This month we spoke with Michael Dunlop, director of sales with G&K services. He asks:
Tell us about the biggest mistake you've made at work.
When you meet with a prospective employer, they are as, (if not more), interested in who you are in addition to what you post in your CV. From an employer's perspective, the organization most commonly has training and resource support available to develop the skill component in an individualÃÃÃ´what they can't develop is the will component. The will component is usually the primary influence in driving one's success or failure in a given position. While academic and relative employment history/achievement are noteworthy, the employer wants to determine as best they can a candidate's integrity, work ethic, tenacity and motivation; again all elements that combine to illustrate the will of the candidate and what they are prepared to do to be successful in a given role.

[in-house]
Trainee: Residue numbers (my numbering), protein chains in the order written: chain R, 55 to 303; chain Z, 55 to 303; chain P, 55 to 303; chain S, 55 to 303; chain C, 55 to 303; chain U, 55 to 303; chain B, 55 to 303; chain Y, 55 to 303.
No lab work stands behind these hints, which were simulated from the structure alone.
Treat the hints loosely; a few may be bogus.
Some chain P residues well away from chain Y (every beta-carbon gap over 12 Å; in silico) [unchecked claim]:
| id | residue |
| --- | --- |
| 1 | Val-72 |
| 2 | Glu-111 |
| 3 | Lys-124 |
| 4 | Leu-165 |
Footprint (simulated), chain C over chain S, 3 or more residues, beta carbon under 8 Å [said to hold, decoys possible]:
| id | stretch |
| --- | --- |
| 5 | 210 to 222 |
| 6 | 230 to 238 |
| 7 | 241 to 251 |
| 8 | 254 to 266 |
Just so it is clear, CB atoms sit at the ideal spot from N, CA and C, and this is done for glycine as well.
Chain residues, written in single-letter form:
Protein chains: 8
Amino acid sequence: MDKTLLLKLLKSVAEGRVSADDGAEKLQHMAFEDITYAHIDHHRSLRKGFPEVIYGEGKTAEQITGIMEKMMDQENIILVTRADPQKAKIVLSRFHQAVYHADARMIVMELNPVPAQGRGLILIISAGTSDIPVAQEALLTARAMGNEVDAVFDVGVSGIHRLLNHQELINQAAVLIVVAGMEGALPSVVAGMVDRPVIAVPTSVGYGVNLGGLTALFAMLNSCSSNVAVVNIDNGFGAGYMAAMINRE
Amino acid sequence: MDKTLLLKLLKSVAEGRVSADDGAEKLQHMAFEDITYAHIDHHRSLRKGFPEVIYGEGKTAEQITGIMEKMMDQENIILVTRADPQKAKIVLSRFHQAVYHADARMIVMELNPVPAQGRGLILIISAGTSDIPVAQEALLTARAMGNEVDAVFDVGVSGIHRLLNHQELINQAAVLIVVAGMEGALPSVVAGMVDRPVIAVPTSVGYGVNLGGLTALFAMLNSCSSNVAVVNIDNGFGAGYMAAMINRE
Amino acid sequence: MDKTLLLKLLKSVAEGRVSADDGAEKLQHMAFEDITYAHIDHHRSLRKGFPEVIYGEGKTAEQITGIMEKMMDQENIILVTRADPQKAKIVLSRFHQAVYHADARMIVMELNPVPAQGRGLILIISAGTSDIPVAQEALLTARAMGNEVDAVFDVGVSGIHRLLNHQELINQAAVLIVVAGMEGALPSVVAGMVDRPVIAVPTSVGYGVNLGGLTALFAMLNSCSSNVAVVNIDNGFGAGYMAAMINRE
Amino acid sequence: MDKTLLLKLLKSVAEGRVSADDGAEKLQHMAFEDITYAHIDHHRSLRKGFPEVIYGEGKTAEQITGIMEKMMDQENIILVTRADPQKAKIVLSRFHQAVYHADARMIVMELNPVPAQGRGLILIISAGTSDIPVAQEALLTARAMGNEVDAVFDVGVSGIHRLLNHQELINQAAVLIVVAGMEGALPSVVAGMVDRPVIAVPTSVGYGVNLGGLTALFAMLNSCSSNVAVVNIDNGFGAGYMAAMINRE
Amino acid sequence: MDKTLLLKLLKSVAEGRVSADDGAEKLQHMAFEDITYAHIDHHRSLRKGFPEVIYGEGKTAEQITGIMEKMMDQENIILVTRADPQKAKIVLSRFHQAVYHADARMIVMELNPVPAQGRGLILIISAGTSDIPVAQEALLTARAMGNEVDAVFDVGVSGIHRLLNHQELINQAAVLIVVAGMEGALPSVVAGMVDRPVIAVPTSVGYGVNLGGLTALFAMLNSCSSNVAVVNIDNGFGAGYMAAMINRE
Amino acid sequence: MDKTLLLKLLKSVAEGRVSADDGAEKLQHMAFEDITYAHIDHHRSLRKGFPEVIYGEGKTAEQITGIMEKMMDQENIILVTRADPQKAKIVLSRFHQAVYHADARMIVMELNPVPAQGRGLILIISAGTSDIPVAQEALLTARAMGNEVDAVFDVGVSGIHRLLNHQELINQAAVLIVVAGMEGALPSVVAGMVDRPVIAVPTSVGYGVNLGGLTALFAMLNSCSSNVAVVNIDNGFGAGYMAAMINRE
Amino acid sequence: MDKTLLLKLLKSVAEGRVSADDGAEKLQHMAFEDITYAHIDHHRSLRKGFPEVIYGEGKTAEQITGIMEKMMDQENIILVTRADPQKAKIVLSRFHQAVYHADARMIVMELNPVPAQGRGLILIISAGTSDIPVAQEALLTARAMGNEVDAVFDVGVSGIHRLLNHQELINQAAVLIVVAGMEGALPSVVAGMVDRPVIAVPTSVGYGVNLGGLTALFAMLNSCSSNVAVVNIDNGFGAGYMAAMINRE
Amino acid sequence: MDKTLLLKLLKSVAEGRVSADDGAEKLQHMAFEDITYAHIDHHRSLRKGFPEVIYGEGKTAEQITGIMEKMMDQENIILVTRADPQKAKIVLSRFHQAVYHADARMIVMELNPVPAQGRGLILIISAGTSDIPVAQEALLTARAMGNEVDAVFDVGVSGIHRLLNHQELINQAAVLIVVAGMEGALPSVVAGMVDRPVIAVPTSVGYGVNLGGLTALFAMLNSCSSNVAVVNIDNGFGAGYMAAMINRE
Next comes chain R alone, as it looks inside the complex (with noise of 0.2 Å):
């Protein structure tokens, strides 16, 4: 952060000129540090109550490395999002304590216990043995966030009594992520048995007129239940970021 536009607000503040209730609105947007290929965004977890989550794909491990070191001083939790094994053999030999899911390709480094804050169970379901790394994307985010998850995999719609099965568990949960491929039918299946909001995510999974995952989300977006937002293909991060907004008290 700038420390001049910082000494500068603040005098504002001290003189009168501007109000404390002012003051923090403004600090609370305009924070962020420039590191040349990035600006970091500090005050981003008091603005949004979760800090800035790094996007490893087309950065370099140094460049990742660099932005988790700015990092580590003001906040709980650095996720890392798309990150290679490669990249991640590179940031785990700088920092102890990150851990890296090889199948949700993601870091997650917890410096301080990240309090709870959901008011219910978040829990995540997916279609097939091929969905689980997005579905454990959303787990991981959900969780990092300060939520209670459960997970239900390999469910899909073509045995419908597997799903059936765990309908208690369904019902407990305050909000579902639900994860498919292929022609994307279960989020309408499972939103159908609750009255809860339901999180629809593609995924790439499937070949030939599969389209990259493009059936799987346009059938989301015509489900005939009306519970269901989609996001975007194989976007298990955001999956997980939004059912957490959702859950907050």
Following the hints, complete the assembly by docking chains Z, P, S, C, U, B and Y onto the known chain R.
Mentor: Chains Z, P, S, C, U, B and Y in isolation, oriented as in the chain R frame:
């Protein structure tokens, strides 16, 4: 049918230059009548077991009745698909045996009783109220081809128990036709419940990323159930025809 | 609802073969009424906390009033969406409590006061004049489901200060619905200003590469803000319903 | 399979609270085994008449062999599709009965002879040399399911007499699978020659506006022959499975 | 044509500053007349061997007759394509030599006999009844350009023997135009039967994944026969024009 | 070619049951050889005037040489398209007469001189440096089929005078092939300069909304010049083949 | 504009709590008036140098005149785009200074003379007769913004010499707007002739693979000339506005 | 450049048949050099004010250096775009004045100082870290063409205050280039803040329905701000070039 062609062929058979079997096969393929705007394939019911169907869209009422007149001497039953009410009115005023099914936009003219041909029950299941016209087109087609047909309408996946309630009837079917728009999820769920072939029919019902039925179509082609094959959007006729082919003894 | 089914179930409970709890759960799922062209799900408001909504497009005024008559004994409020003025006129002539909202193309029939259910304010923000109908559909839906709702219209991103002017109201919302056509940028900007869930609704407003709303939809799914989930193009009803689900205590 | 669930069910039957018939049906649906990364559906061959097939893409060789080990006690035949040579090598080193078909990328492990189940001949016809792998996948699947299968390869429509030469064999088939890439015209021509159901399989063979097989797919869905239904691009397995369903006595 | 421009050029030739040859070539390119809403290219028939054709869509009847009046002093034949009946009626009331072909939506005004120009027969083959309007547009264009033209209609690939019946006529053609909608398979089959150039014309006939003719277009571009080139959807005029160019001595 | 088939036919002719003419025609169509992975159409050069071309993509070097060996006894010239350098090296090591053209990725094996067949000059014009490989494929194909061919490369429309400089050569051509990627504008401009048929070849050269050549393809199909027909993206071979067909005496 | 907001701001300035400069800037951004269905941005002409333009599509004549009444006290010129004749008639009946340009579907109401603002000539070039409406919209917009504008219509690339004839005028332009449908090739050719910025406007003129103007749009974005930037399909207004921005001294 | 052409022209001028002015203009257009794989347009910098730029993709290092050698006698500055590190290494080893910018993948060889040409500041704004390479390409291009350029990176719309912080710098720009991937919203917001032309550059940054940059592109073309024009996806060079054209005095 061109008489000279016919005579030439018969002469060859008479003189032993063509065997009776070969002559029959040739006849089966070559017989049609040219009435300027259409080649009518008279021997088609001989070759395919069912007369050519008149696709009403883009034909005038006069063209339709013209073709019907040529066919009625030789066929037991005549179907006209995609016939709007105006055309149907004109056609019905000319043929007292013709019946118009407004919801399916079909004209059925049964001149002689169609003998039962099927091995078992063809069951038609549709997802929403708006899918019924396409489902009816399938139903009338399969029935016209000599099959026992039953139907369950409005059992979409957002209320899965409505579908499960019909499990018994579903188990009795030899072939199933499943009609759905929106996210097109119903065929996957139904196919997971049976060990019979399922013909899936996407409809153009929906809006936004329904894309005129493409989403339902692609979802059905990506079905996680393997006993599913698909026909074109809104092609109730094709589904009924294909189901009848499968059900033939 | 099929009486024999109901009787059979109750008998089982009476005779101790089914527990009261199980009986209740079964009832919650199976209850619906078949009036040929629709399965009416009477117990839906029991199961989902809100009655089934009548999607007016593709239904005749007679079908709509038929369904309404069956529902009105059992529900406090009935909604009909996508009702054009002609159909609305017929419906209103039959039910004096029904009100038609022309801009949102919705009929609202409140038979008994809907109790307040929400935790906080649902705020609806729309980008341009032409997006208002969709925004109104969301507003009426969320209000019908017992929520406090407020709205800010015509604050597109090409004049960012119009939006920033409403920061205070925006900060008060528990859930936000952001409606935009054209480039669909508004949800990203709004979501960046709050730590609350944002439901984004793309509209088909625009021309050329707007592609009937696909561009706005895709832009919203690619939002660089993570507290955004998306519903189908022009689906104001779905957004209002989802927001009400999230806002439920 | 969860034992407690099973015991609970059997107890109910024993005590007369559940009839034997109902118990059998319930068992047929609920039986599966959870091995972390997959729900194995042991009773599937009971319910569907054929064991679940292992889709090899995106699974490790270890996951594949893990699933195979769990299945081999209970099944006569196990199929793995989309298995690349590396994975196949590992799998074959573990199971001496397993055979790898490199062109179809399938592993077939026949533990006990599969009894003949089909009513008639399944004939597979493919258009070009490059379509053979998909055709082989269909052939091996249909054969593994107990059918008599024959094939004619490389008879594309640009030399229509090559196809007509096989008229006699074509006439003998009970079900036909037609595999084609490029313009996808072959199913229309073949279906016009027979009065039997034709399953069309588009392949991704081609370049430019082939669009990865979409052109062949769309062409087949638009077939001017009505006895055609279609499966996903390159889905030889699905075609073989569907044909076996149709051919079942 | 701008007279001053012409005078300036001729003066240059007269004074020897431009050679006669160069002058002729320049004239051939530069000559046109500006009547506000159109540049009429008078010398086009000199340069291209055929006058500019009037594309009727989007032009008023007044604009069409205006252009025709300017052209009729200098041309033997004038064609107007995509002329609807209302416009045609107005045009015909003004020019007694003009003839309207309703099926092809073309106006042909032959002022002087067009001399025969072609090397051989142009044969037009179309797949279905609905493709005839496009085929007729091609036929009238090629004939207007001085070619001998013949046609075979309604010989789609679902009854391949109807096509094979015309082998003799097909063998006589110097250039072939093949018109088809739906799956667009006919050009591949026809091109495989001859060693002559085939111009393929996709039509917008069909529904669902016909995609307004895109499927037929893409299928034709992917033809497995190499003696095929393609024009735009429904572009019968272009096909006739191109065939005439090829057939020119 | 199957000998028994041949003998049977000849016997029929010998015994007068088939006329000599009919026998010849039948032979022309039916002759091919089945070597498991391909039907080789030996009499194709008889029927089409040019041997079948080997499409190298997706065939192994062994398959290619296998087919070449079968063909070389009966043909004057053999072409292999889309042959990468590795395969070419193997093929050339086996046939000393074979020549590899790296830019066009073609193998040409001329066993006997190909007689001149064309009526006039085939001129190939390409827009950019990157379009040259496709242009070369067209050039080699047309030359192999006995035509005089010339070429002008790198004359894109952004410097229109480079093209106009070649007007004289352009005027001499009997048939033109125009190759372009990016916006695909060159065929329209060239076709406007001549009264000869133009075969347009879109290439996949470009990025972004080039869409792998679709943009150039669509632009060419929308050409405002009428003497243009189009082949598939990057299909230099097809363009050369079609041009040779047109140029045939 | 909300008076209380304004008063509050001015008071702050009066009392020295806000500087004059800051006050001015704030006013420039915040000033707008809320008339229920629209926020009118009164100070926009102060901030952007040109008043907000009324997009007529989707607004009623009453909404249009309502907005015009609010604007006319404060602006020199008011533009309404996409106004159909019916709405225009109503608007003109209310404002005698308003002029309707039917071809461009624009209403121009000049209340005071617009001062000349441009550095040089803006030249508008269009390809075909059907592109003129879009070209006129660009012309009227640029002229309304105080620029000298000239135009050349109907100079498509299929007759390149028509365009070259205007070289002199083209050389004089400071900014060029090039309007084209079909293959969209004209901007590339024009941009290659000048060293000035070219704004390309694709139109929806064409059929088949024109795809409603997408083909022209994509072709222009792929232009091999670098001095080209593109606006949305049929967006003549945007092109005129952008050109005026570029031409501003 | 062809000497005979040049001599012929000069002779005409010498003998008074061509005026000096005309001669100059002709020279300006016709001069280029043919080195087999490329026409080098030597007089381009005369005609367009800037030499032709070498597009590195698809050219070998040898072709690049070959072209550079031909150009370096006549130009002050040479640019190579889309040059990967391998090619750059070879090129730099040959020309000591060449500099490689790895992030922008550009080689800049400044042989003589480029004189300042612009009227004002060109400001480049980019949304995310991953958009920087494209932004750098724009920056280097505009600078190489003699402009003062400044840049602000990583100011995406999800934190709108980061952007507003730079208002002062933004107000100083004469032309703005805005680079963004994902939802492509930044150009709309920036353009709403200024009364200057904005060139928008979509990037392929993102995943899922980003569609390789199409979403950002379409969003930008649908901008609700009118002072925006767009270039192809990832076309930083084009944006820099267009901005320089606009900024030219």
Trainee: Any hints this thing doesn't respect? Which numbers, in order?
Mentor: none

The key in answering this question is to honestly relate to a real experience that you have faced in your life. This is important because if you fabricate or have not truly lived the experience, you will not be able to respond with the same level of emotion, passion and conviction that you would if you have lived the experience.
A mistake that is often made is in thinking that the illustration must be exciting, grandiose or entertaining, (which if it is, is fine). If not, a real example that illustrates an experience that was truly a challenge, your strategy in facing that challenge, how you tactically executed your strategy and the eventual outcome'even if not positive'goes much further in giving the interviewer an insight as to who you are and how you will approach your potential job challenges and duties.
Best advice in answering questions in an interview: Be yourself, be honest, look your interviewer in the eyes, be confident in your responses, tell it like it is, don't over embellish, don't understate; this will speak much more directly to your character than any resume ever will!